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Eczema on Elbow

Eczema on Elbow

Eczema on Elbow

Eczema is a chronic, itchy skin condition that is very common in children but may occur at any age. It is also known as eczema, atopic dermatitis and neurodermatitis and is the most common form of dermatitis.

Atopic eczema usually occurs in people who have an 'atopic tendency'. This means they may develop one or even all 3 of these closely related conditions: atopic eczema, asthma and hay fever (also known as allergic rhinitis). Often these conditions run within families

Atopic eczema is not contagious and the appearance can vary from person to person with most having inflamed, red, sometimes blistered and weepy patches during flare ups while in between the skin may appear normal.

Eczema on the elbows is just as frustrating as having it on any other part of the body. Although treatment for eczema on the elbows is the same as for eczema elsewhere on the body, there are some tips to help:

  • Avoid any woollen long sleeves that might be agitating the skin on the elbows while at the same time letting your skin breathe. If you have to wear long sleeves, use a material like cotton (organic if possible). Bed linens and towels should be pure cotton too.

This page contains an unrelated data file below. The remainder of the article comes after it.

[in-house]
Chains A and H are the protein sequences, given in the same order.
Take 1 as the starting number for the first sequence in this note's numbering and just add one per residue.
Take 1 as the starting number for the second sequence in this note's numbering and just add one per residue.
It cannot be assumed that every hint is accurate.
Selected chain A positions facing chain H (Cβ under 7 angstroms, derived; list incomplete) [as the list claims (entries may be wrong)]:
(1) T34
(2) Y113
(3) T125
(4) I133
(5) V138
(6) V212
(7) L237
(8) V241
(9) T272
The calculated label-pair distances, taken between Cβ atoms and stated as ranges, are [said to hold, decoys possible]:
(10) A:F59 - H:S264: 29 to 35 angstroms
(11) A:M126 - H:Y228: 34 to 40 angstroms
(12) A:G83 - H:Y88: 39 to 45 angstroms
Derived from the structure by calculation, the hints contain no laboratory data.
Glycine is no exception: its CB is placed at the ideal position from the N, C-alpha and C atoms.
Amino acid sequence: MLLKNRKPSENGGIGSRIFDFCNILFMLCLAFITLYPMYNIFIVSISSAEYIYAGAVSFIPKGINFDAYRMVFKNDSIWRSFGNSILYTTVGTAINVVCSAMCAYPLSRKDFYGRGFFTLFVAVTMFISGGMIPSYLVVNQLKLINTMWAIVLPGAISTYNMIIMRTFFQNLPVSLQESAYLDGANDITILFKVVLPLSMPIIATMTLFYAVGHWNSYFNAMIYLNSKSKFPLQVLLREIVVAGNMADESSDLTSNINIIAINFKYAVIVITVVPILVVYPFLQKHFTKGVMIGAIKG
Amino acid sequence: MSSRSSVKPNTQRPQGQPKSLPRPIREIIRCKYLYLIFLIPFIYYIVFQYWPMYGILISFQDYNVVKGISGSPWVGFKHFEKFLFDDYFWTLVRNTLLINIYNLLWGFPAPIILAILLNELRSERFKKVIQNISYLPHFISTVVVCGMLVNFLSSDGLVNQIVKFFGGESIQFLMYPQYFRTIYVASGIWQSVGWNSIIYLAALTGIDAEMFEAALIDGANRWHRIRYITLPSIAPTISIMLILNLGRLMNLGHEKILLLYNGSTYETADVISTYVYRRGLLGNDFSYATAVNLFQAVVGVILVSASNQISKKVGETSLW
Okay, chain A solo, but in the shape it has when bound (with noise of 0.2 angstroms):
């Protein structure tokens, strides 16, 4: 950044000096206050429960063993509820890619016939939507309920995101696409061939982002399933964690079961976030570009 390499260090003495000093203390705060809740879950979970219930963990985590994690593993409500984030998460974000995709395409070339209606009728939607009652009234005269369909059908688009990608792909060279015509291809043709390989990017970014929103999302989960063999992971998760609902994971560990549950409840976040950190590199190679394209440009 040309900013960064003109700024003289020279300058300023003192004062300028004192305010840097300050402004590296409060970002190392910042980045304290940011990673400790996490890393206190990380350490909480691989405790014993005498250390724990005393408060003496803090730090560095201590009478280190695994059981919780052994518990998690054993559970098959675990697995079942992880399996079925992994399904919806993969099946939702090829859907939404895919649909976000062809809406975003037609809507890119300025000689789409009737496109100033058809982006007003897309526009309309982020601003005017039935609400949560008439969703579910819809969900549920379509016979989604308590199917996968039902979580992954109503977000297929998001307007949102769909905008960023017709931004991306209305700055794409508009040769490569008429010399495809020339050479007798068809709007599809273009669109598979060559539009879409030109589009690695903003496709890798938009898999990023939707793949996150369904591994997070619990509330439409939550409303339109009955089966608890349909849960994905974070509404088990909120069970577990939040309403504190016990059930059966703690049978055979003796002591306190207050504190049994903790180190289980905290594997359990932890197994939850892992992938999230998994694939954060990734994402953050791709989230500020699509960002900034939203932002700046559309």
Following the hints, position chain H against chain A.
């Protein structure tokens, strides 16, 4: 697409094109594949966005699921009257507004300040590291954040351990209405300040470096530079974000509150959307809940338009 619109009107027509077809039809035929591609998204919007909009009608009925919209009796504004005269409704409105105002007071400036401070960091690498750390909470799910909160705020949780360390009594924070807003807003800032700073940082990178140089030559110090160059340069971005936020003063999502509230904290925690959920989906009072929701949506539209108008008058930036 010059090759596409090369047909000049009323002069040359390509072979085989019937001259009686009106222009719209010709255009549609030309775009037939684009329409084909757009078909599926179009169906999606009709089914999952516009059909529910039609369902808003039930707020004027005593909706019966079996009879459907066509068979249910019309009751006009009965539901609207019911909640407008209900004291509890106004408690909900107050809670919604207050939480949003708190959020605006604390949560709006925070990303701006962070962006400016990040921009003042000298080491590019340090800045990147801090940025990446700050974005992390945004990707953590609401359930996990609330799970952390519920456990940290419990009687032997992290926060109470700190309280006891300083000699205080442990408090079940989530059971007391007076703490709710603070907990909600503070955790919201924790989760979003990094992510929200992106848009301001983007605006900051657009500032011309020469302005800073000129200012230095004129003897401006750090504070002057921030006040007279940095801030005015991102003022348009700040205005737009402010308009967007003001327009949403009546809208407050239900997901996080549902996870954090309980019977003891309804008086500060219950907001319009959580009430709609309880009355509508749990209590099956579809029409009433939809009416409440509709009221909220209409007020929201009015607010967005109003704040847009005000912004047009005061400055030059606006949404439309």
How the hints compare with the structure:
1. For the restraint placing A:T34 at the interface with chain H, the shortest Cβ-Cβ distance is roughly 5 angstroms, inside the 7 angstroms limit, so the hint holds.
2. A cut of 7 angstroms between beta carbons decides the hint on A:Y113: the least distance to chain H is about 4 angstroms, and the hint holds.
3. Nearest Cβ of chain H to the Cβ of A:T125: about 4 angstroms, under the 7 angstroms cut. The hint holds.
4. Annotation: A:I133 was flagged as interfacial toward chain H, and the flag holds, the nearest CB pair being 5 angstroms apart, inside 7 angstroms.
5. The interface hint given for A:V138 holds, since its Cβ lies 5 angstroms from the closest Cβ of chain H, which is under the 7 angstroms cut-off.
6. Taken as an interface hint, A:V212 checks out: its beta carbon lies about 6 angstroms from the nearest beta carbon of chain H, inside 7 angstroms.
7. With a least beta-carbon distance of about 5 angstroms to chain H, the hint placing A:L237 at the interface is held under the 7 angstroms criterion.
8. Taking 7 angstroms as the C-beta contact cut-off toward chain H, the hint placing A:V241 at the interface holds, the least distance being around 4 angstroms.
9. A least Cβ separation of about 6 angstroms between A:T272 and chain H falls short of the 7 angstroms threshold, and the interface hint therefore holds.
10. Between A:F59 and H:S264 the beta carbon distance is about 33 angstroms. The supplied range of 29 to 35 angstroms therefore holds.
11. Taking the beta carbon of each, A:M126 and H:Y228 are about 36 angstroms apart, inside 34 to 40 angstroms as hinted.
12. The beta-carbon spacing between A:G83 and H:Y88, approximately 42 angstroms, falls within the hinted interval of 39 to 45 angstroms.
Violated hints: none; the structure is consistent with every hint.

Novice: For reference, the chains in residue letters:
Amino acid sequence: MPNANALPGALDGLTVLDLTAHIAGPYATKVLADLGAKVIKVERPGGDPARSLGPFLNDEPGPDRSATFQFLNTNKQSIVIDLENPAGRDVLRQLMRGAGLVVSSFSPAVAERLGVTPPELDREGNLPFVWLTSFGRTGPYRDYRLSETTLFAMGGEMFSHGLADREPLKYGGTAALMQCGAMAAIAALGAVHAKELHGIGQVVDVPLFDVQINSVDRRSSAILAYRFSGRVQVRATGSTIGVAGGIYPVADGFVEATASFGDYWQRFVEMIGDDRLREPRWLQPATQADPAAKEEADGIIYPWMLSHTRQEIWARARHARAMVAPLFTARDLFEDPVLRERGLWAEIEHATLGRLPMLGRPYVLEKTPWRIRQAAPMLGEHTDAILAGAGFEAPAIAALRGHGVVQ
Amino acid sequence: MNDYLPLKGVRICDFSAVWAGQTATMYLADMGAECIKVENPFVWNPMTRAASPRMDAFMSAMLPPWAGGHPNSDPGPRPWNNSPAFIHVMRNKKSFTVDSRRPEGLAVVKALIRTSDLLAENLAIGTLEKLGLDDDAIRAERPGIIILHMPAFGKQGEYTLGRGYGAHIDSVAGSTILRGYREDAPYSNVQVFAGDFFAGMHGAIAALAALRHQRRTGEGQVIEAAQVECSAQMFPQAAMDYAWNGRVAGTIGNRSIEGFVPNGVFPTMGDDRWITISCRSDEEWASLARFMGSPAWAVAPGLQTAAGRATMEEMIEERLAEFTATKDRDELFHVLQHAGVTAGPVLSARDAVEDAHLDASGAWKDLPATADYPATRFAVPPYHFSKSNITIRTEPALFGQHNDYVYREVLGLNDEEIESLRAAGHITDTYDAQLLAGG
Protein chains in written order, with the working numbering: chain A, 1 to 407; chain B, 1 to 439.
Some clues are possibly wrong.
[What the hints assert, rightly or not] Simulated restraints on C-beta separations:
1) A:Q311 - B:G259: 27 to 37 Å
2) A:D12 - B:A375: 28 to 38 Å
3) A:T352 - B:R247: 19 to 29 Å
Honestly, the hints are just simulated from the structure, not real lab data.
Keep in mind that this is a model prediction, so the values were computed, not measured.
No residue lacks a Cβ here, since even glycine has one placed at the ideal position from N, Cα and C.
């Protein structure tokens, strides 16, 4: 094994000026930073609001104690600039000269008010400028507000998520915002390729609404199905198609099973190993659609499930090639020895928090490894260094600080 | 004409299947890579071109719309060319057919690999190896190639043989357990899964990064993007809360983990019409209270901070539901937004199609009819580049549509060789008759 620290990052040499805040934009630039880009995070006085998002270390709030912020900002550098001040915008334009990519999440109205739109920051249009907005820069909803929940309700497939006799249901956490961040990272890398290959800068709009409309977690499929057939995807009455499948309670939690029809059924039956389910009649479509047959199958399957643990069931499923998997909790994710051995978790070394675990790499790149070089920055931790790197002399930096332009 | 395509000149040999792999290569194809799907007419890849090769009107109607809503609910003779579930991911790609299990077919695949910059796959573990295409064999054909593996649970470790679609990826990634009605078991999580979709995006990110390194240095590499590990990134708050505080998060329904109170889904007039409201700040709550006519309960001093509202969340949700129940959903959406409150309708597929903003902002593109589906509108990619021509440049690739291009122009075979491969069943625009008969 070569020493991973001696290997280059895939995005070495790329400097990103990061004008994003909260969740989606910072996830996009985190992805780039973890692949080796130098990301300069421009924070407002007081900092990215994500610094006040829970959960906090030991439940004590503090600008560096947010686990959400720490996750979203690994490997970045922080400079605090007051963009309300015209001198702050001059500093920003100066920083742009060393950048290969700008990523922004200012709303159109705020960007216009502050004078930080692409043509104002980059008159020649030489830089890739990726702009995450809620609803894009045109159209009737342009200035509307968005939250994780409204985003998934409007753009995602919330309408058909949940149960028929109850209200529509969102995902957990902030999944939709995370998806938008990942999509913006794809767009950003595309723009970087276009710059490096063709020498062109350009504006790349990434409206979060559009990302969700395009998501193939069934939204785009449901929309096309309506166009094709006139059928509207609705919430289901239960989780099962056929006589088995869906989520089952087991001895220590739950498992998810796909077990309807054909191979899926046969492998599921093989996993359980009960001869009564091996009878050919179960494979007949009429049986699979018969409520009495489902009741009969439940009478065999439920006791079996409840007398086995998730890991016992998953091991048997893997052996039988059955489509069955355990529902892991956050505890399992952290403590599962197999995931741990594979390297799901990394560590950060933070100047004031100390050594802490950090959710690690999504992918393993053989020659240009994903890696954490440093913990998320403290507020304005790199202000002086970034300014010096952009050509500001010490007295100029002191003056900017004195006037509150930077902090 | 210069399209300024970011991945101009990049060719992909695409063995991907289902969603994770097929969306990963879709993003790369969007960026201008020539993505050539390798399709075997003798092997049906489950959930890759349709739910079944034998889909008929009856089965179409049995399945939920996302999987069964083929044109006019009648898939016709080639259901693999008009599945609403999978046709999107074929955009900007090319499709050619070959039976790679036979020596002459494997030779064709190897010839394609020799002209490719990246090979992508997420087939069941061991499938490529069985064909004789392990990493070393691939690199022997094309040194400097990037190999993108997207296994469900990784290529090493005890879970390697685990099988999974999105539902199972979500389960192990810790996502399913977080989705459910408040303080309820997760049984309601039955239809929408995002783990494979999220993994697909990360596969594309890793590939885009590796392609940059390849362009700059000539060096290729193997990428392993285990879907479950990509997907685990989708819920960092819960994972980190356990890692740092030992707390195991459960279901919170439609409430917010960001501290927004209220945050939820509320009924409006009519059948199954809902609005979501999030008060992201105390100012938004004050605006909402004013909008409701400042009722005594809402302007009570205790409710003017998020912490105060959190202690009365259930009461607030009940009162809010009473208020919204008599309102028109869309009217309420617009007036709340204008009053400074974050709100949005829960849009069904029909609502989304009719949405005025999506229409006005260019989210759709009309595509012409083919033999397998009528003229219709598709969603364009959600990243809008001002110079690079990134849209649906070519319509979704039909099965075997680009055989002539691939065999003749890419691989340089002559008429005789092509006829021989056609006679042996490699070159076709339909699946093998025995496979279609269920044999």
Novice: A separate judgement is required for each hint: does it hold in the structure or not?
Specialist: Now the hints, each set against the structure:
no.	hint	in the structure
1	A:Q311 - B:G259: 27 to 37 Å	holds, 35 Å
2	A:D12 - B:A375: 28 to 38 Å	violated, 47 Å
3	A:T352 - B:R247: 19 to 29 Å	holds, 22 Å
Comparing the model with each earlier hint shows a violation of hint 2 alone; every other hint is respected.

• Our elbows can constantly come into contact with hard surfaces, pushing against the skin and creating a reaction. Be careful to avoid this.
  • Apply coconut oil to the affected elbow area to keep the skin smooth and soft.
  • Apply cold compresses or cold water to the elbows to help soothe and relieve the itching associated with eczema. You can even use cold milk instead of water as this may be a lot more soothing. Put milk into a glass with ice cubes and let it sit for a few minutes. Then pour the milk onto a gauze pad or thin piece of cotton and apply it to the irritated skin for 2 or 3 minutes. Re-soak the cloth and reapply, continuing the process for about 10 minutes several times per day.
  • Eczema is aggravated by dehumidified air, especially during winter months when forced-air heat circulates in the home. As this heat is more drying than other types, a good humidifier is an excellent home remedy for eczema.
  • Essential oils have been used for centuries as a successful home remedy for eczema and other skin conditions.

Diet and skin health go hand and hand so the the presence of food and other allergens can aggravate the eczema. Target whatever allergens are hurting your diet and eliminate them from your meals. A dermatologist can give you a safe, simple allergy test by exposing your skin to various substances and seeing how you react. Whatever itches and reacts the most is likely what you need to avoid to maintain healthy skin. High on the list can be wheat and other gluten products while other examples are dairy, eggs, fish, food dye, tomatoes or oranges.

This picture shows how the affected eczema area can begin to peel heavily, sometimes causing pain and discomfort.

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